Ms Conroy often leads a specialist, six-member cleaning team to deal with severe domestic squalor cases.

Cleanups can take from a day to a week.

“One place we cleaned in excess of 150 hours,” she said.

“We wear hazmat suits, shoe covers, gloves, masks and glasses. Sometimes you have to wear gumboots depending on the situation.”

She said it can be “very confronting” for a person to have a team enter their house for such a cleanup.

A lot of care and effort is put into making sure a person is ready for the stress of a cleanup going ahead in their home.

“Most people are so overwhelmed with it they don’t know where to begin,” Lucy Nash, another member of the Centacare team said.

She said hoarders were often ashamed of how their family, friends and neighbours saw their behaviour – but it’s complicated and should not be like that.

“Hoarders see the beauty in something that others would call rubbish,” she said.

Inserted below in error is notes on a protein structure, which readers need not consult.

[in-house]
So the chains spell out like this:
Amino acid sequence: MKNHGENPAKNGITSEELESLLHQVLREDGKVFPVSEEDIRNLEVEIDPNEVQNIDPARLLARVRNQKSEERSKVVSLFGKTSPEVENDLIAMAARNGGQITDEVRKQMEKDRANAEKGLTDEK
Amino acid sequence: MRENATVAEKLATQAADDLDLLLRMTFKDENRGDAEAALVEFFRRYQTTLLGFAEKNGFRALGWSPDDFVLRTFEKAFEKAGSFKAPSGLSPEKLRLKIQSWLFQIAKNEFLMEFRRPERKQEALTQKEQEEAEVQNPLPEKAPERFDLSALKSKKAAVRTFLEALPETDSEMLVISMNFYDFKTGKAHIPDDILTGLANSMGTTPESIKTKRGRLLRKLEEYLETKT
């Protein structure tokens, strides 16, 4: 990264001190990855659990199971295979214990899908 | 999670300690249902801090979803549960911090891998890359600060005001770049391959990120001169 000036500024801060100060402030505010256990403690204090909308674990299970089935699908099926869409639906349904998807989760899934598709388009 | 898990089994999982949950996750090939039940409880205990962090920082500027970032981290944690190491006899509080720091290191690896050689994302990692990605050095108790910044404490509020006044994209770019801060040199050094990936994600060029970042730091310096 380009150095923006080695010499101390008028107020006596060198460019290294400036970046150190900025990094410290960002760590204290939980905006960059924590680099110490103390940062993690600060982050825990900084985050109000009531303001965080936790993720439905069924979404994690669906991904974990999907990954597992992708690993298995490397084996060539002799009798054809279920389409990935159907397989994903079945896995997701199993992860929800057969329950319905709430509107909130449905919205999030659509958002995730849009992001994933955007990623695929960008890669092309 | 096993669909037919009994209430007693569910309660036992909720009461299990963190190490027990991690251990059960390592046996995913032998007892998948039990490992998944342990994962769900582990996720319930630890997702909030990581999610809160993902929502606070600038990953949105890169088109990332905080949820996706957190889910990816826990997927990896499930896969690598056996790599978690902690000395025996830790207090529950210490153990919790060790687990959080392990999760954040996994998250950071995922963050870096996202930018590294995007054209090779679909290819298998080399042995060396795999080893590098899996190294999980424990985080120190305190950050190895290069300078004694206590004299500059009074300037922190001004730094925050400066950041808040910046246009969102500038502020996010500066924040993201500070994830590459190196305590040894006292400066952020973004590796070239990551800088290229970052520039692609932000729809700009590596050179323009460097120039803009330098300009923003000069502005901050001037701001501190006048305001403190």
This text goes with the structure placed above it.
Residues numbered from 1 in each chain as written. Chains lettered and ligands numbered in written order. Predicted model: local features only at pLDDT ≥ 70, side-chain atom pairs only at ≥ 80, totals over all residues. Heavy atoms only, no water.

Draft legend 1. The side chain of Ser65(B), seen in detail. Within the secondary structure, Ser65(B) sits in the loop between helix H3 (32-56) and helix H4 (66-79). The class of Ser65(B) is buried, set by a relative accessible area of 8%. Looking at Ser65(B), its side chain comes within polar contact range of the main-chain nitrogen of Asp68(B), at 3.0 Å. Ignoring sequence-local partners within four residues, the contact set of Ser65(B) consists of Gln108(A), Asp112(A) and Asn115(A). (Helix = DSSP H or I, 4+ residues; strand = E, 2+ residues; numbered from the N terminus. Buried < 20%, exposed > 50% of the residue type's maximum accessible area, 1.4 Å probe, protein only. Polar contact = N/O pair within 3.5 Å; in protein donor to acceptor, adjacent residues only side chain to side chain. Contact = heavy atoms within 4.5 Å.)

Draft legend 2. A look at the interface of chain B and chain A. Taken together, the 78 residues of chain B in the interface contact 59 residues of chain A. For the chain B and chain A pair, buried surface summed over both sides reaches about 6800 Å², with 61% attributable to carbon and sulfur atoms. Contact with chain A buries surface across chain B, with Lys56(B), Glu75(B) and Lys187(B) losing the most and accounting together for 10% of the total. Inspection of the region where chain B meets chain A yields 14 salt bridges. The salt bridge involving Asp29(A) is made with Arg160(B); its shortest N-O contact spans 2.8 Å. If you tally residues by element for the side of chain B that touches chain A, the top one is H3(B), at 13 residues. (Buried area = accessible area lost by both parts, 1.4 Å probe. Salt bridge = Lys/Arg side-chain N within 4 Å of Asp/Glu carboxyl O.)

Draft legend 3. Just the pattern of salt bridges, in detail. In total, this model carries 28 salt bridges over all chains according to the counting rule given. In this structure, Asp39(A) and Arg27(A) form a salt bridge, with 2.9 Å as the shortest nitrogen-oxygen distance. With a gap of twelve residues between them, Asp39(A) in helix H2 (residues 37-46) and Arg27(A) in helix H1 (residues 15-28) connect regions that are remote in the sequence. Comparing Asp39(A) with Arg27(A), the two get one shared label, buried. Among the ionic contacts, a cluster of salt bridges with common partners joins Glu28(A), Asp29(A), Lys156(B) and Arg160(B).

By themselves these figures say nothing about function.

Ms Nash said she recalls one remarkable first encounter with a hoarder.

“We were in his yard, precariously piled full of stuff – everywhere. He even had a mini crane to move stuff around because it was such a packed backyard,” she said.

“And we were standing on some pavers and he pointed them out to me and said he had got them from a building site because they were just rubble.

“But he said to me ‘Look really closely at them, Lucy’.

“Each paver had a love heart stamped into it.

“And he told me he searched through all of the rubble to find only the pavers that were stamped with love hearts.

“He gathered them all from a pile of rubble, brought them home and paved his entire pathway to the front door with those love heart bricks.

“That was an inspiring moment for me to see through his eyes because he sees the beauty in things that you would ordinarily dismiss as just a brick on a pile of rubbish.”

Trash or treasure: “Hoarders see the beauty in something that others would call rubbish.”

Many visits to hoarders’ houses have not been so pleasant.

“There was a particularly nasty smell. We started moving things around and under a table near the person’s seat was his cat that had died. It was quite deteriorated, but he didn’t know. He thought the cat had run away,” Ms Nash said.

Ms Nash has entered bathrooms to find a bathtub filled with faeces and toilet paper.